Best way to make a "big" cup of coffee with an espresso machine

Beginner and pro baristas share tips and tricks for making espresso.
AVoss

#1: Post by AVoss »

We do not drink espresso. I like a cup of 120ml my wife even more (and with milk). But we now have an espresso machine for making coffee drinks (after many years of pod machines of every make). We started with the cheapest halfway decent machine, a Delonghi Dedica 685 and soon will have a Sage Bambino Plus (for better milk foaming and even faster than the already fast 685). We grind our beans fresh for each cup with a Sage Smart Grinder Pro.)

What is the best way to make a nice cup of coffee with our equipment?

(We used a bottomless portafilter from our start with the Delonghi and have difficulty with our shots. Channeling can be seen quite often, especially with the lighter roasted beans that we used recently, even when using a WDT tool, Crema is thin most cases, but we do not care basically. We grind relatively fine, between 5 and 15 on the Sage grinder, level with a tool and tamp with an automatic tamper and the shot time is some 30 seconds for 110ml at the moment.)

tennisman03110

#2: Post by tennisman03110 »

This might sound like a stupid answer, but why not just buy a V60 and make a carafe of coffee? Are you steaming the milk? How much coffee and how much milk per drink?

If you stick with the machine, I'd say dial in the espresso to something "standard", and add hot water to get your desired volume.

AVoss (original poster)

#3: Post by AVoss (original poster) »

We do not drink more than a cup each at different times (except breakfast). In times long gone by we had a traditional brewing machine of course. We still have it for many cups for guests. But we changed to single pod machines years ago for easier handling. I then tried a single cup drip coffee filter but did not like the handling and bought a Vertuo machine because it has "big" pods. But I did not like their coffees (and neither their pseudo crema). Our first fully automatic machine was a desaster: We bought a semi brand new Delonghi but its grinder was worn out and the machine produced no good coffee. And now we have a portafilter machine.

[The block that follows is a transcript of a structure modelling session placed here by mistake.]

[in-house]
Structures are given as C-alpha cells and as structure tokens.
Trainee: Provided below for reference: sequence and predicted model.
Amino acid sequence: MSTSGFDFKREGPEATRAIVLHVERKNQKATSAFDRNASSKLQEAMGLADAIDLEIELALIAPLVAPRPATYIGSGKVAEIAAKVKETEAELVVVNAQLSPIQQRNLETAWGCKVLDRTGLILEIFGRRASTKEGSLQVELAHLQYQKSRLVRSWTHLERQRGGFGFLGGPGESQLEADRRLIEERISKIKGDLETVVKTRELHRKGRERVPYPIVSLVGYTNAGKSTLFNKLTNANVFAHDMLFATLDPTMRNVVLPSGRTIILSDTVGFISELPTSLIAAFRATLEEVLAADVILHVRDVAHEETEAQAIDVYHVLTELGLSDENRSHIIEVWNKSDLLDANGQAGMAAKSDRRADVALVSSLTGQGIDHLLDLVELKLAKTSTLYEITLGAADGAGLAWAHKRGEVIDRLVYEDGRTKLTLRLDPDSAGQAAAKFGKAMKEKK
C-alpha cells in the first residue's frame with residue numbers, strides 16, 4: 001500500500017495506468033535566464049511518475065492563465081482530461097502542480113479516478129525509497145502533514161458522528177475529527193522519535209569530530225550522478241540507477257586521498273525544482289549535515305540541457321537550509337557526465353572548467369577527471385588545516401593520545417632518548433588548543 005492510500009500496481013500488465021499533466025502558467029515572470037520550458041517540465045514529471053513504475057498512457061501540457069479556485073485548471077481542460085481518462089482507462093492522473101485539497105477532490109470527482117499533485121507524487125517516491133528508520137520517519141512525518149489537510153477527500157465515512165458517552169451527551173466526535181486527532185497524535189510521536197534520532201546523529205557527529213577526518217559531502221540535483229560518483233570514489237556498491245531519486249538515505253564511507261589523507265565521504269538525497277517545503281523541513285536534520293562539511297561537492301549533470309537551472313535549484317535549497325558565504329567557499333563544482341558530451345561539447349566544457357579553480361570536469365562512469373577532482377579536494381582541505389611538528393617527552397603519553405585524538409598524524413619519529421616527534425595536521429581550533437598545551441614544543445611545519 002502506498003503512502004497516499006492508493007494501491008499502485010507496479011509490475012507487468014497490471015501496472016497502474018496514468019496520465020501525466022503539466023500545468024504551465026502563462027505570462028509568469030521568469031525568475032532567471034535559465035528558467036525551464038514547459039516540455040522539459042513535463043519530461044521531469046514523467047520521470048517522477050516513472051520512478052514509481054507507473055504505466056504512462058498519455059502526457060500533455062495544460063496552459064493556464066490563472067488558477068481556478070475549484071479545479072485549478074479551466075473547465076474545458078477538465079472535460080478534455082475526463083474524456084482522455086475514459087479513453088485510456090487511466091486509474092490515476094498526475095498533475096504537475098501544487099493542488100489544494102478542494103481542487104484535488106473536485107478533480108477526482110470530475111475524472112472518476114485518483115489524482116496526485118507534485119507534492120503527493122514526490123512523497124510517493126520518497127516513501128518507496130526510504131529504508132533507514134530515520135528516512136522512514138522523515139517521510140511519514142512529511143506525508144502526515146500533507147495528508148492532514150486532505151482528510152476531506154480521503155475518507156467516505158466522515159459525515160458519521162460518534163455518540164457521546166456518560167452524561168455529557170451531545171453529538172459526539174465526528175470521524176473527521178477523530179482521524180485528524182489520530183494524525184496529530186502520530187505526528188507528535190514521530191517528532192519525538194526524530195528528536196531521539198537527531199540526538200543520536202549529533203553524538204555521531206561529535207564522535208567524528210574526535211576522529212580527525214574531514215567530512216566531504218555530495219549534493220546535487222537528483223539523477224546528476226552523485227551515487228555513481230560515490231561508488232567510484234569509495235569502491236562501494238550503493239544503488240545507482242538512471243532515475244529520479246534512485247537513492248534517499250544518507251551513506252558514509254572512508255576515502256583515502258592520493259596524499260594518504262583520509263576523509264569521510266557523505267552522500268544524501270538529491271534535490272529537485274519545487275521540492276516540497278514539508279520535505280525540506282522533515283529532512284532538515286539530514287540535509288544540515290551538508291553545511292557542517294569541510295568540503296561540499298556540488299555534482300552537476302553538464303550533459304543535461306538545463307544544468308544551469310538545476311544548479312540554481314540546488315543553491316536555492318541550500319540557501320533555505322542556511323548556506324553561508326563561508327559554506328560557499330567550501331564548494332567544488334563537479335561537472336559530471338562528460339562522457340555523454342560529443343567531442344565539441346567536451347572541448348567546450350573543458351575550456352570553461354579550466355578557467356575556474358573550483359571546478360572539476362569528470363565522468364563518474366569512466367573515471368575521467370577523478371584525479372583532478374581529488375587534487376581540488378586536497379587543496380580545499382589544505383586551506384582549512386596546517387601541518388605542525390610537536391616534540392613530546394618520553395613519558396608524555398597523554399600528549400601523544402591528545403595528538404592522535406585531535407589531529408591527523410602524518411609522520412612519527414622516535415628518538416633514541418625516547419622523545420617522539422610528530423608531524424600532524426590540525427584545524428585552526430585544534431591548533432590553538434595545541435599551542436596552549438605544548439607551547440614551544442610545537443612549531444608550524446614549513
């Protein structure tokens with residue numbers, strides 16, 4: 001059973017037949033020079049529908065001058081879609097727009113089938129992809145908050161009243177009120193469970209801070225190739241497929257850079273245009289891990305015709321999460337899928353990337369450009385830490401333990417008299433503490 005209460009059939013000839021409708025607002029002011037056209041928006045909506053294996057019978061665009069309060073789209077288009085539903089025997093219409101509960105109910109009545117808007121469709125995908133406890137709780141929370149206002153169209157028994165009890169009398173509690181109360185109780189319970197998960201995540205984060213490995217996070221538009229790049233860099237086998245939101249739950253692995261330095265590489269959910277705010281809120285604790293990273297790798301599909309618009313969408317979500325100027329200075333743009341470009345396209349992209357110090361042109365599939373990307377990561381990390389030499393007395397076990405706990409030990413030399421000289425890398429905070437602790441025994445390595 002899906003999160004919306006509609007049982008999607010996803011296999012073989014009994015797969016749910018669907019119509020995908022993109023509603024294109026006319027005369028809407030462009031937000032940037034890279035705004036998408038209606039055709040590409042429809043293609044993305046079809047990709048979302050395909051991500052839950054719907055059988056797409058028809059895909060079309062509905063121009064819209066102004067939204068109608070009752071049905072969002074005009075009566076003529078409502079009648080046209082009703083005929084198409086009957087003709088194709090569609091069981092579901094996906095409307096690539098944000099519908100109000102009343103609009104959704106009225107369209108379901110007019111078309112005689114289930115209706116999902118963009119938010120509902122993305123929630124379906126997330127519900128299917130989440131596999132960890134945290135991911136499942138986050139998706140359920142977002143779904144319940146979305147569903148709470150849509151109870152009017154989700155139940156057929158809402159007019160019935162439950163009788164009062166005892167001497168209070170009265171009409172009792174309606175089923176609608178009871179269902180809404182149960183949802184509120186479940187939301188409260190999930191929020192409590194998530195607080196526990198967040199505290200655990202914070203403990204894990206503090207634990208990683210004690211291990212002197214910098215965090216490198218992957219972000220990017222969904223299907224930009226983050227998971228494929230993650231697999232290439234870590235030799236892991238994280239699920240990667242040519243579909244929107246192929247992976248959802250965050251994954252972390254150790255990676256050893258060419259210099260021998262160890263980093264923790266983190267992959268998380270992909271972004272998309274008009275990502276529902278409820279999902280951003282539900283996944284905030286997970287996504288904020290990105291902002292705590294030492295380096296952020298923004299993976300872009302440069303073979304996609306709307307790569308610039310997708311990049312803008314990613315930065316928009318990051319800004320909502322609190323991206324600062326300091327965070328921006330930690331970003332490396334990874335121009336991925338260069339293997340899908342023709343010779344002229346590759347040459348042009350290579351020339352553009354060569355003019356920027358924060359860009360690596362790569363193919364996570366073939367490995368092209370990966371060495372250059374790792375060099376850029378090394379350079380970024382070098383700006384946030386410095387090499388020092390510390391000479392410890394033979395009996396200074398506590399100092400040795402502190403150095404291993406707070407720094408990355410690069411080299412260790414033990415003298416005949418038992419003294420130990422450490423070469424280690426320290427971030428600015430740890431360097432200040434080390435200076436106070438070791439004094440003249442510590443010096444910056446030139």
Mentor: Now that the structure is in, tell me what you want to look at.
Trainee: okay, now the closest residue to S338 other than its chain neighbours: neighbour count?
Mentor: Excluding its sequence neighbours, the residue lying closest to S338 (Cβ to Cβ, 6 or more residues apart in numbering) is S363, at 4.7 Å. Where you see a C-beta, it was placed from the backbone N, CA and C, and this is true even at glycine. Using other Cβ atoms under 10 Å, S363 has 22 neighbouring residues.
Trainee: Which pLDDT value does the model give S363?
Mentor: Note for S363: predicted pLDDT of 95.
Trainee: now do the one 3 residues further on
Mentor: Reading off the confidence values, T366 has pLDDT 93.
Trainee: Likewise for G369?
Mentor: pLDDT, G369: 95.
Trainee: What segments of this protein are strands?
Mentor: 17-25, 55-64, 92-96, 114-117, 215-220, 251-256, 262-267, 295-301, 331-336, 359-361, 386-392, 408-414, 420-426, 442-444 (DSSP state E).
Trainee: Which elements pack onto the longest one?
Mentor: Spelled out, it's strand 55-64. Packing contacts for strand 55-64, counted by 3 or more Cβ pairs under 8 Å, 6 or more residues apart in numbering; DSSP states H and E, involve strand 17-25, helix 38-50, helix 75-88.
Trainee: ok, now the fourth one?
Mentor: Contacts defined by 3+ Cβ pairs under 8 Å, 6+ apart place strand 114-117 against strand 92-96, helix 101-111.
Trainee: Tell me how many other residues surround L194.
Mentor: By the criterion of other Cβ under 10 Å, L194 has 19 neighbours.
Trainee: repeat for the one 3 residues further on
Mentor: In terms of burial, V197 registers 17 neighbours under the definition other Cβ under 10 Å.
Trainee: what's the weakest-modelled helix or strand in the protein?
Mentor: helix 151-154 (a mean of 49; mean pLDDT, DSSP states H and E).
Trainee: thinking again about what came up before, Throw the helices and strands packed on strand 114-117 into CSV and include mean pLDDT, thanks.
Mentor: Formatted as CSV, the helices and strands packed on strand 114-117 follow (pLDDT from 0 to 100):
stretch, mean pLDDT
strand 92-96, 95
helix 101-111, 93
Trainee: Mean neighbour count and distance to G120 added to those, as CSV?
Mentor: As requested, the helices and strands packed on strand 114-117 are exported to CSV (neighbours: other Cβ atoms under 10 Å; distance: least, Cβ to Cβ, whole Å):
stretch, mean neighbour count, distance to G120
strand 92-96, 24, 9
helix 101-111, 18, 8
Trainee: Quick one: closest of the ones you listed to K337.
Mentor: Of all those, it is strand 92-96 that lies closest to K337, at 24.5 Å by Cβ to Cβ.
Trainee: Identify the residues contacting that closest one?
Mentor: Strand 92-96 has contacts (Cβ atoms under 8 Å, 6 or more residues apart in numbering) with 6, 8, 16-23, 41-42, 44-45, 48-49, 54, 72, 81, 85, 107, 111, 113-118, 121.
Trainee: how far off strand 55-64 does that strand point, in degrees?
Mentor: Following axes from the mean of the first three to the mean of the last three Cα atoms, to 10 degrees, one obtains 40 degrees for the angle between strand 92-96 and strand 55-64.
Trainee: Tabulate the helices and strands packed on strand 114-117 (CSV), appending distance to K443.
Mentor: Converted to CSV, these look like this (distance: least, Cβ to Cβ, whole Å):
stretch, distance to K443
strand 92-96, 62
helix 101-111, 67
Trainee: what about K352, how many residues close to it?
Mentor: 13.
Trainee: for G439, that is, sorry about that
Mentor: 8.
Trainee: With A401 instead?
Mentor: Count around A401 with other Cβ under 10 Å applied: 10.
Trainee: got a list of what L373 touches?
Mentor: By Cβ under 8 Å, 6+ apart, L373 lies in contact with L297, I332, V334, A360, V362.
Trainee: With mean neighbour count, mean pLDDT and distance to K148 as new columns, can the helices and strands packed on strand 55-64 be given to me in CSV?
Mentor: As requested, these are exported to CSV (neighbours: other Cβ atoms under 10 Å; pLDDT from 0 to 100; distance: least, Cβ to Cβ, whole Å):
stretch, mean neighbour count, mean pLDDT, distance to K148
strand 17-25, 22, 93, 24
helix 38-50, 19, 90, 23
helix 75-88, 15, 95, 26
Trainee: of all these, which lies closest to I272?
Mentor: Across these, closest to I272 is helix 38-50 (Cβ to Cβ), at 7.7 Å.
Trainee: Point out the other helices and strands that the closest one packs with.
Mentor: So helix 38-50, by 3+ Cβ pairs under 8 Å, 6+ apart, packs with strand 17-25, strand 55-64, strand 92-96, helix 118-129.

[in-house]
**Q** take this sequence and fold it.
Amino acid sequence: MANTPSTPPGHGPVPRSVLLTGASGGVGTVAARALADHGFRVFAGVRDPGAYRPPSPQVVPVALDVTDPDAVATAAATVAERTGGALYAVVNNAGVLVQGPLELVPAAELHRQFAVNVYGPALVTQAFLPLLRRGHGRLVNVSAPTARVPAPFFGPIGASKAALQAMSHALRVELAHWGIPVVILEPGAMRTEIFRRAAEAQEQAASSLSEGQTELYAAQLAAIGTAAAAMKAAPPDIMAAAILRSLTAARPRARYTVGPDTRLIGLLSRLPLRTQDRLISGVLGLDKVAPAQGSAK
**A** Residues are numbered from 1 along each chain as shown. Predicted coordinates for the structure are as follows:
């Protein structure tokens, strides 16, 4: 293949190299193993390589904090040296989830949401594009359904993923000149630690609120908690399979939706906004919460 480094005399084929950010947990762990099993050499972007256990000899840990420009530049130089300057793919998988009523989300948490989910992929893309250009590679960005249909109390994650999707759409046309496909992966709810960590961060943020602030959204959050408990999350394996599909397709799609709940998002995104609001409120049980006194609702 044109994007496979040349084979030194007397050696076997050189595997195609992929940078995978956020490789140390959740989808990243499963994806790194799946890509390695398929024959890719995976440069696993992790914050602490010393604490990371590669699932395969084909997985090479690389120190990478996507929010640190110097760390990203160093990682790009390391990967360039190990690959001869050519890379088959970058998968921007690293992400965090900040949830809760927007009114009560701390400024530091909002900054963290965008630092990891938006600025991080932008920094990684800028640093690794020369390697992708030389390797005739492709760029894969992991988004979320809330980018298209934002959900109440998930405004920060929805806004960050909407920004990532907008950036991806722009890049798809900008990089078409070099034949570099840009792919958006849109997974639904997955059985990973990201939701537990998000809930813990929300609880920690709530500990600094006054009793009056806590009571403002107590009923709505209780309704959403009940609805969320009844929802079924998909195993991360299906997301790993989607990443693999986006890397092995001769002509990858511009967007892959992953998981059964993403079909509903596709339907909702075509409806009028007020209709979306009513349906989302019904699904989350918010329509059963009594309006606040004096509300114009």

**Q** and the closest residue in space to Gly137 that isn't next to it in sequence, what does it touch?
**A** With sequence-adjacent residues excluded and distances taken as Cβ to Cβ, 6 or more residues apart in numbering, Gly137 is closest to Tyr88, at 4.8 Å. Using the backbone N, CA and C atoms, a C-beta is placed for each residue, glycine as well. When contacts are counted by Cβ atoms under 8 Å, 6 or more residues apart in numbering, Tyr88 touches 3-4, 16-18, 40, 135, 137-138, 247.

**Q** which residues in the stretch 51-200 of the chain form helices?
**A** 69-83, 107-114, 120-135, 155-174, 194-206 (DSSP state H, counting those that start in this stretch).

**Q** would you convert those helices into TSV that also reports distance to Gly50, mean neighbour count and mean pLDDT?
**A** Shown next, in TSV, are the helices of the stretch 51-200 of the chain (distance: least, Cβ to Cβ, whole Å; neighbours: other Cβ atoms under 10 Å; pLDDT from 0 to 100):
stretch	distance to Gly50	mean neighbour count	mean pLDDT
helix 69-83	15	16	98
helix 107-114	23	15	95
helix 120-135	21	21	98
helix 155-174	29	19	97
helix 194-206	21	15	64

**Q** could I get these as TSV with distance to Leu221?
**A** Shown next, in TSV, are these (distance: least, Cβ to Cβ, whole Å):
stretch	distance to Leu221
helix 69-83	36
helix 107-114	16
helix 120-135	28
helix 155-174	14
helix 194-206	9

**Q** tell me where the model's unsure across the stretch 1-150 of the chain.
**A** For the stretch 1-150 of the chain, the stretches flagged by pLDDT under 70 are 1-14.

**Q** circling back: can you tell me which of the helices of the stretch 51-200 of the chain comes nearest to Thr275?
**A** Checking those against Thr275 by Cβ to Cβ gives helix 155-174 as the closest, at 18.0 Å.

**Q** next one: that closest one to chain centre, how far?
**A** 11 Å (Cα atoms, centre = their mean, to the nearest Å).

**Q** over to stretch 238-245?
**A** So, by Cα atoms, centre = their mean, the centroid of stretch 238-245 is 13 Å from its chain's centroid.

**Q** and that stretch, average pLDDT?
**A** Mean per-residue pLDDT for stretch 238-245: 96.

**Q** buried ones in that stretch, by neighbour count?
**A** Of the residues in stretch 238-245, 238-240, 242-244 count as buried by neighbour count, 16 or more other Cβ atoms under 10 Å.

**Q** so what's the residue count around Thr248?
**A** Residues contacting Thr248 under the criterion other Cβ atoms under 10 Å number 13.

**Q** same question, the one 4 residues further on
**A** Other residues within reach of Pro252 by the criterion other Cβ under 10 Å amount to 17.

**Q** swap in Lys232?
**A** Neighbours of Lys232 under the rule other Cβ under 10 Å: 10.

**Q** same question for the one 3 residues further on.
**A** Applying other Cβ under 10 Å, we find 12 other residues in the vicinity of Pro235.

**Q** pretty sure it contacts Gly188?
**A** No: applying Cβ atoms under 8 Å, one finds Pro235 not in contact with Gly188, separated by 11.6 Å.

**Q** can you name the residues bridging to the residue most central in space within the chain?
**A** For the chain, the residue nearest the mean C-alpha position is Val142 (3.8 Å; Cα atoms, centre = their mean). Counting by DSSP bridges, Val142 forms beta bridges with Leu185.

Nunas
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#4: Post by Nunas »

You have two main options, both usually made with a lighter roast than traditional espresso. The most common is an Americano. It consists of water and a normal espresso shot. The ratio is typically a shot of espresso and two to three "shots" of water. The other is the Sprover (short for espresso pour over); To make one, you grind coarse enough that you don't generate more than about 1.5 bar of pressure, and the pull lasts about fifty seconds, giving a ratio of about 1:12. These are only general guidelines...tune for best taste :wink: I'm a 99% espresso drinker, but have briefly messed around with both of these, mostly when we have company that does not drink espresso. Of the two, I slightly prefer the Sprover.

jpender

#5: Post by jpender »

I wasn't aware that "traditional" espresso is less often used to make Americanos. When I order in a cafe or make coffee for myself 95% of the time it's an Americano aka long black. At cafes the coffee is usually whatever they're pulling and often that's a medium roast but frequently it's on the darker side.

In any case that seems like the easiest path: pull a good double shot of whatever coffee you like and then add water to taste. For me it's 16g of beans in a cappuccino cup topped up with hot water to a total volume of 4 to 4½ oz. I think pulling longer shots as with a Sprover or a Caffè Crema is likely to be more difficult to master. But maybe it depends on the coffee.